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Thyme Relieves Pain as Well as Ibuprofen in Tests

Thyme Relieves Pain as Well as Ibuprofen in Tests

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A study shows thyme oil relieves menstrual cramp pain


Thyme oil relieved menstrual cramps as well as ibuprofen in a recent study.

Natural remedies are often looked at with skepticism in the days of convenient over-the-counter painkillers, but a recent study indicates that thyme oil could actually be as effective as ibuprofen in treating menstrual cramps.

According to Jezebel, the study was conducted on 84 students between 18 and 24 years old who were assigned to one of three testing groups. One group was given an ibuprofen capsule and 25 drops of placebo oil. Another group was given 24 drops of thyme oil and a placebo capsule. The third group was given placebo oil and a placebo capsule. All three groups were studied for two menstrual cycles.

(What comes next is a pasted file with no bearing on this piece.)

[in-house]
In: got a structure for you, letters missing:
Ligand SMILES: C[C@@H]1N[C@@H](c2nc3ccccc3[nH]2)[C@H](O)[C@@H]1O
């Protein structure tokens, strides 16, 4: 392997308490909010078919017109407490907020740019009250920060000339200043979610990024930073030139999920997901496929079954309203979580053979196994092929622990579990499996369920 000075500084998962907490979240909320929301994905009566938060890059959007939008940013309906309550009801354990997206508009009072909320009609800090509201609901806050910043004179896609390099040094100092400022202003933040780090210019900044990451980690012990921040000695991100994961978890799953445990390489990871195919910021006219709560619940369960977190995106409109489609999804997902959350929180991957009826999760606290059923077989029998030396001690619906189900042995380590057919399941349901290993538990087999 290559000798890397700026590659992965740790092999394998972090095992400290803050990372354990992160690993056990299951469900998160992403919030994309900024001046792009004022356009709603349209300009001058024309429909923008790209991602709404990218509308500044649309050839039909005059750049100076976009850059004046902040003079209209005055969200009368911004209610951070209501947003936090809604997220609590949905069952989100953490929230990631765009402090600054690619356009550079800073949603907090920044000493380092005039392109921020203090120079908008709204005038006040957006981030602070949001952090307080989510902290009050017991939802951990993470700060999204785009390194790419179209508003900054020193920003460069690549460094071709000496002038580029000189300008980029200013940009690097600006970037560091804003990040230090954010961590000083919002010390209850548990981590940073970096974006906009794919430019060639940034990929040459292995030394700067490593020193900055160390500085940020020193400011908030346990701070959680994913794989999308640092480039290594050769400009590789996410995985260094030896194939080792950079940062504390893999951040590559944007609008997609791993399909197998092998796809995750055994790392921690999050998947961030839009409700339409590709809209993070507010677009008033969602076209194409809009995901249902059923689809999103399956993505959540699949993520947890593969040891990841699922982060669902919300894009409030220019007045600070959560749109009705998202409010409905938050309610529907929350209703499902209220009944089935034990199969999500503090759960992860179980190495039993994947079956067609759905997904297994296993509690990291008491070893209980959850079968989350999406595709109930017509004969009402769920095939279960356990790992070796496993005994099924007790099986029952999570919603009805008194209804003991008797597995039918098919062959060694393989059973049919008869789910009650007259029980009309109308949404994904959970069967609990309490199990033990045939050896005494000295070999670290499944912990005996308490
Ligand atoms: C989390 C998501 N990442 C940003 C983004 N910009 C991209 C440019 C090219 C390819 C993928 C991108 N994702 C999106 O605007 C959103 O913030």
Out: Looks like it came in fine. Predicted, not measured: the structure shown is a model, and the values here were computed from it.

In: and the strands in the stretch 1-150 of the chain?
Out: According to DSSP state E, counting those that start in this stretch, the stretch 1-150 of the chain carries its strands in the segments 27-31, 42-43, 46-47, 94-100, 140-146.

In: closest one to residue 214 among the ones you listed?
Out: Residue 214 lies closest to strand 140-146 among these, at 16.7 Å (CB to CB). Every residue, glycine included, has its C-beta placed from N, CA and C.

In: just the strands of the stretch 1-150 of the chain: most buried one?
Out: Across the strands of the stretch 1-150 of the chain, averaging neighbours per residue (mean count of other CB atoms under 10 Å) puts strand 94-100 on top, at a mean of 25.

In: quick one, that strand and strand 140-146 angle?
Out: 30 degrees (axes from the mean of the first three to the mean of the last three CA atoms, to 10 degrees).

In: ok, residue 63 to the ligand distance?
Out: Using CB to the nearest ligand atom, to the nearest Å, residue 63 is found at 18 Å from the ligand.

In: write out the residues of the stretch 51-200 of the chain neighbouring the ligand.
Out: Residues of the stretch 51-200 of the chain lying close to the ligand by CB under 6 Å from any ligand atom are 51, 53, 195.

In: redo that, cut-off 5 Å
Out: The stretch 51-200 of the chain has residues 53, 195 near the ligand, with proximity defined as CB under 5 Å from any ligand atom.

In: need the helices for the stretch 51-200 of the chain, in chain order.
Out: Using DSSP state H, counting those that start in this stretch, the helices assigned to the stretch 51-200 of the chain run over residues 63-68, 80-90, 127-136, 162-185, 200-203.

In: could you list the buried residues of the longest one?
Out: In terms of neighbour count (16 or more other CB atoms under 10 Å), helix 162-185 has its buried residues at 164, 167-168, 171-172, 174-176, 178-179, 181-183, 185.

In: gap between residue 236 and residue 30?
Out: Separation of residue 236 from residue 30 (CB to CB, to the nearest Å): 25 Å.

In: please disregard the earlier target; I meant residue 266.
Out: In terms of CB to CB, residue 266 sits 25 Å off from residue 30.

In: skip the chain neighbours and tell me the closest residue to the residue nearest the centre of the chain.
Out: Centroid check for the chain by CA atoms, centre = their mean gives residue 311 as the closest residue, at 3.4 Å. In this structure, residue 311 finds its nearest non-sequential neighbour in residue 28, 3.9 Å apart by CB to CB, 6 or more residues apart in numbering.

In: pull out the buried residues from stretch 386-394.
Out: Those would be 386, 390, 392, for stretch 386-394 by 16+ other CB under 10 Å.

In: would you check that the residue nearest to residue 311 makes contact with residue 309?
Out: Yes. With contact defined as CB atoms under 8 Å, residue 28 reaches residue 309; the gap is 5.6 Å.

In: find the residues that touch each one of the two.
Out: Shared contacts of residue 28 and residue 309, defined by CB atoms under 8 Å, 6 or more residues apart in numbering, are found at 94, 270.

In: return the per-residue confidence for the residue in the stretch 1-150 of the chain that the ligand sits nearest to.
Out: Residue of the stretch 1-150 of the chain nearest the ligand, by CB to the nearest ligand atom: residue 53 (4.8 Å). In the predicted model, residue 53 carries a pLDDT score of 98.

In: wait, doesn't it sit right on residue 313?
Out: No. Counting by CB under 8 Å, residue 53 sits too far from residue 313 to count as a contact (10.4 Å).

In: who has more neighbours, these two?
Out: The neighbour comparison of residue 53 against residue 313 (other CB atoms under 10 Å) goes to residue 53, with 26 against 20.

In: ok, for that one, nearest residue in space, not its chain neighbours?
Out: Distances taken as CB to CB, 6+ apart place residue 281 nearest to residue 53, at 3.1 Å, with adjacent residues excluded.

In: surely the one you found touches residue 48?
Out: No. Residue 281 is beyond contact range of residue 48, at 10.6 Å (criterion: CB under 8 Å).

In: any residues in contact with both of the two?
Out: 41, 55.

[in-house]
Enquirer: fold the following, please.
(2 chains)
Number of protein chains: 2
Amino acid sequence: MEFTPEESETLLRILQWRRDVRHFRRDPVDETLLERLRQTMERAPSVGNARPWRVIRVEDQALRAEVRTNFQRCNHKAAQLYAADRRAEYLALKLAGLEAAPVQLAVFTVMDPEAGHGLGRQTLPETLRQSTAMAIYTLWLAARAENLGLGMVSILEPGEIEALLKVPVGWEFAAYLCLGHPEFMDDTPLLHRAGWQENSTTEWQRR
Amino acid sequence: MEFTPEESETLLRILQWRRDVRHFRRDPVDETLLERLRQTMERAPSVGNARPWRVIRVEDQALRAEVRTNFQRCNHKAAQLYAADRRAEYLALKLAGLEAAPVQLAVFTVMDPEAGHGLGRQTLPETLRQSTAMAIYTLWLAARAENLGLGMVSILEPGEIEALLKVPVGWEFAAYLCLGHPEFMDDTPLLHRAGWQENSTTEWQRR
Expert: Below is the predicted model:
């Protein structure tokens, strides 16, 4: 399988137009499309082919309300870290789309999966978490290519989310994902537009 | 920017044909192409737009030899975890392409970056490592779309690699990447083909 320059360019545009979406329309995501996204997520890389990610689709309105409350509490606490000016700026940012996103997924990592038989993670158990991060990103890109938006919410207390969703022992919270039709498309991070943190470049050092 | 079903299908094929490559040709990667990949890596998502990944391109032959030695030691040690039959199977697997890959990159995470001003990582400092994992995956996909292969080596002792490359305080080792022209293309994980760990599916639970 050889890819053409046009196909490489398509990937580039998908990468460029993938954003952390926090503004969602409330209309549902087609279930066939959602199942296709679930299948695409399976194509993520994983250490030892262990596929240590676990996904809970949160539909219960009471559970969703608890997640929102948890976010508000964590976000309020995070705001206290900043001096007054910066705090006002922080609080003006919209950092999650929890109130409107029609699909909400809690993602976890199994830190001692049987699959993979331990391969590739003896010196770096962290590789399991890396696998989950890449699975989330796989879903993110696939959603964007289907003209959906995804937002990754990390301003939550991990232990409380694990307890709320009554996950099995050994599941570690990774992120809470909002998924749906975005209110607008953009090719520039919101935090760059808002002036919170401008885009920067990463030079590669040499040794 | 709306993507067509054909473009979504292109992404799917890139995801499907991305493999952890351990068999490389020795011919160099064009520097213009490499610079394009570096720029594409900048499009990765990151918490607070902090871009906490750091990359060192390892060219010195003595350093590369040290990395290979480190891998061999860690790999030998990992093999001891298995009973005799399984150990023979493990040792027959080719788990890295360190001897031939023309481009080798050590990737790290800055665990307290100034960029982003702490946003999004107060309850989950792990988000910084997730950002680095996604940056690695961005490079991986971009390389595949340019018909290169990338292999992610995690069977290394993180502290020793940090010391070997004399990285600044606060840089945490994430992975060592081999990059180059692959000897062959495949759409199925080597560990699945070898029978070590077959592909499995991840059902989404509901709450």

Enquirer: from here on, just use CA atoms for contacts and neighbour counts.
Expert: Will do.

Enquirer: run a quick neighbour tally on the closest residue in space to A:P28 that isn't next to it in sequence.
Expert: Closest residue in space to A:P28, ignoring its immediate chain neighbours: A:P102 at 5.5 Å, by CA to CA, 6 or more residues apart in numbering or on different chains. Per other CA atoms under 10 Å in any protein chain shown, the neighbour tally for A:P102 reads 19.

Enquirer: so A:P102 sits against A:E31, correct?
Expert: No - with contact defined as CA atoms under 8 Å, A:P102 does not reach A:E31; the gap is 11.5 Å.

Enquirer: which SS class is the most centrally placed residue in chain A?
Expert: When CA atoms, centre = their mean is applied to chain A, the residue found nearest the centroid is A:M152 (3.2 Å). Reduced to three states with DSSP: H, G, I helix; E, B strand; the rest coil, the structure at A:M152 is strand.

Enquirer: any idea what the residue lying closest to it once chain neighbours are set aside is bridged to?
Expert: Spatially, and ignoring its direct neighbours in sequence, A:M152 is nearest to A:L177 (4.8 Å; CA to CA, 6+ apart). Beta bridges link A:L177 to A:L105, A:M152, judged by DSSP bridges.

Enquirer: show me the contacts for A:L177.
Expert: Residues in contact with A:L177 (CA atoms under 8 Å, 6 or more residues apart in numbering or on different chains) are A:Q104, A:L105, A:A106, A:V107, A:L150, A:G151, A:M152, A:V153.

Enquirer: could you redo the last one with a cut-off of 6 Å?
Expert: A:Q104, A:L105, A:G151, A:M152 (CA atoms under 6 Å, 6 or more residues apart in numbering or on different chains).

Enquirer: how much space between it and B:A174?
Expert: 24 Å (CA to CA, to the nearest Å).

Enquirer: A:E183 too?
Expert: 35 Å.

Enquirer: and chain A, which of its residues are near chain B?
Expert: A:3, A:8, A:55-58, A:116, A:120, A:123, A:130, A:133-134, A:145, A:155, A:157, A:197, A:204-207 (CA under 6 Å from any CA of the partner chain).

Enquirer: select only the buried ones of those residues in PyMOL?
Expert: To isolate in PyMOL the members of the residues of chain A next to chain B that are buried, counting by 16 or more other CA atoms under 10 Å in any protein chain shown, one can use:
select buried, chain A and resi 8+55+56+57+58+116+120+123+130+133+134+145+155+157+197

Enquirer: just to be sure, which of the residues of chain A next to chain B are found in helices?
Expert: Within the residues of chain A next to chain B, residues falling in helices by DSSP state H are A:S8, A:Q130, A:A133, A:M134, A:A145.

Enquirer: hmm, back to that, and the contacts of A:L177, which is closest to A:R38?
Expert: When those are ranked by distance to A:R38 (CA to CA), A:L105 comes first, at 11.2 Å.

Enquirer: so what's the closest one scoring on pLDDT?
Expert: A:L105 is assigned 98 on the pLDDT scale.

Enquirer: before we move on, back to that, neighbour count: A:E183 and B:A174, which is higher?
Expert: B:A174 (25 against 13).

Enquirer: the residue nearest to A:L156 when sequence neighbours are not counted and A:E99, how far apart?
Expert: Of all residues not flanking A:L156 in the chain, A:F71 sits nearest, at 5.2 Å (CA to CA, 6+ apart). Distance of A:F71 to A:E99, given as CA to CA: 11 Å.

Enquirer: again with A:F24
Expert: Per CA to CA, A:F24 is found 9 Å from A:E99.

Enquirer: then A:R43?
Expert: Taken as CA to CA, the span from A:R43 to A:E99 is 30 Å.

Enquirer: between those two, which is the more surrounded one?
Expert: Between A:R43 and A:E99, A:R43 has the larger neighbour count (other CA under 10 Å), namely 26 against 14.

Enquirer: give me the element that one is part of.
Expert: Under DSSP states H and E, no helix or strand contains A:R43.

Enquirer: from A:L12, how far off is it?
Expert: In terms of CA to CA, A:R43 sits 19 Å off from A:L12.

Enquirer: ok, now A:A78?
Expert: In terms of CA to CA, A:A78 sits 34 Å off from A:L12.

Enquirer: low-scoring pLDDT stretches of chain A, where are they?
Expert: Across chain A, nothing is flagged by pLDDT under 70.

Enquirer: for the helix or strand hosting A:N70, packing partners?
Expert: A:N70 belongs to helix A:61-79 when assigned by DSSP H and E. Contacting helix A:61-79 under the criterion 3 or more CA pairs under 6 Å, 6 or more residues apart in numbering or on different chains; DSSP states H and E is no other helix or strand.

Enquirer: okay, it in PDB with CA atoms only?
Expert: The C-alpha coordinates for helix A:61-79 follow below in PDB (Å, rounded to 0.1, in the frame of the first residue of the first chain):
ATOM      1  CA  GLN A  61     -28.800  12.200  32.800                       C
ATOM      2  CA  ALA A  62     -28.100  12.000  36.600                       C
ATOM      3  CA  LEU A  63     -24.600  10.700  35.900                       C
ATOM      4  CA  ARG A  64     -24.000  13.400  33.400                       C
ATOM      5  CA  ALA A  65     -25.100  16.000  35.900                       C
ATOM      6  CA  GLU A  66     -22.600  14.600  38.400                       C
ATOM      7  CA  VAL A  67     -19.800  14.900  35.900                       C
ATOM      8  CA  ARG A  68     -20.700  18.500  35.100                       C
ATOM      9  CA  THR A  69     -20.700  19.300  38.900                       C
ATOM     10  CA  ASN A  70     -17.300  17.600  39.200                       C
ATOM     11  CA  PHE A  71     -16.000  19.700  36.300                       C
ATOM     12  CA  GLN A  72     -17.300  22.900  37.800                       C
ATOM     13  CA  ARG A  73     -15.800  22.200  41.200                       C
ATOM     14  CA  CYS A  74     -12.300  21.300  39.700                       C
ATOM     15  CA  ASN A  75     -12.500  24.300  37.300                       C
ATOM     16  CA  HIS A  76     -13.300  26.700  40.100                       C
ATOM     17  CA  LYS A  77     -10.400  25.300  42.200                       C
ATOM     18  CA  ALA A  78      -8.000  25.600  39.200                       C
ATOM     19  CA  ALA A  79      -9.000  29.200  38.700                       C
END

At the end of the study, researchers report that there was no significant statistical difference in the pain relief observed between the subjects taking thyme oil and the subjects taking actual ibuprofen. Both groups reported much more pain relief than the women in the placebo group.

During the second menstrual cycle, test subjects taking the ibuprofen said they experienced slightly less pain relief than during the previous cycle. The thyme oil group had no such drop in efficacy, possibly because the body builds up a resistance to ibuprofen over time but not to the thyme oil.

Natural pain relievers: 6 Alternatives to ibuprofen

Reaching for drugs like ibuprofen in case of a headache or aching joints is a knee-jerk reaction for many people. But healthcare professionals find that the long-term use of ibuprofen heightens the risk of a fatal heart attack or stroke. In high doses, it can also place a person at a greater risk of heart disease and its complications.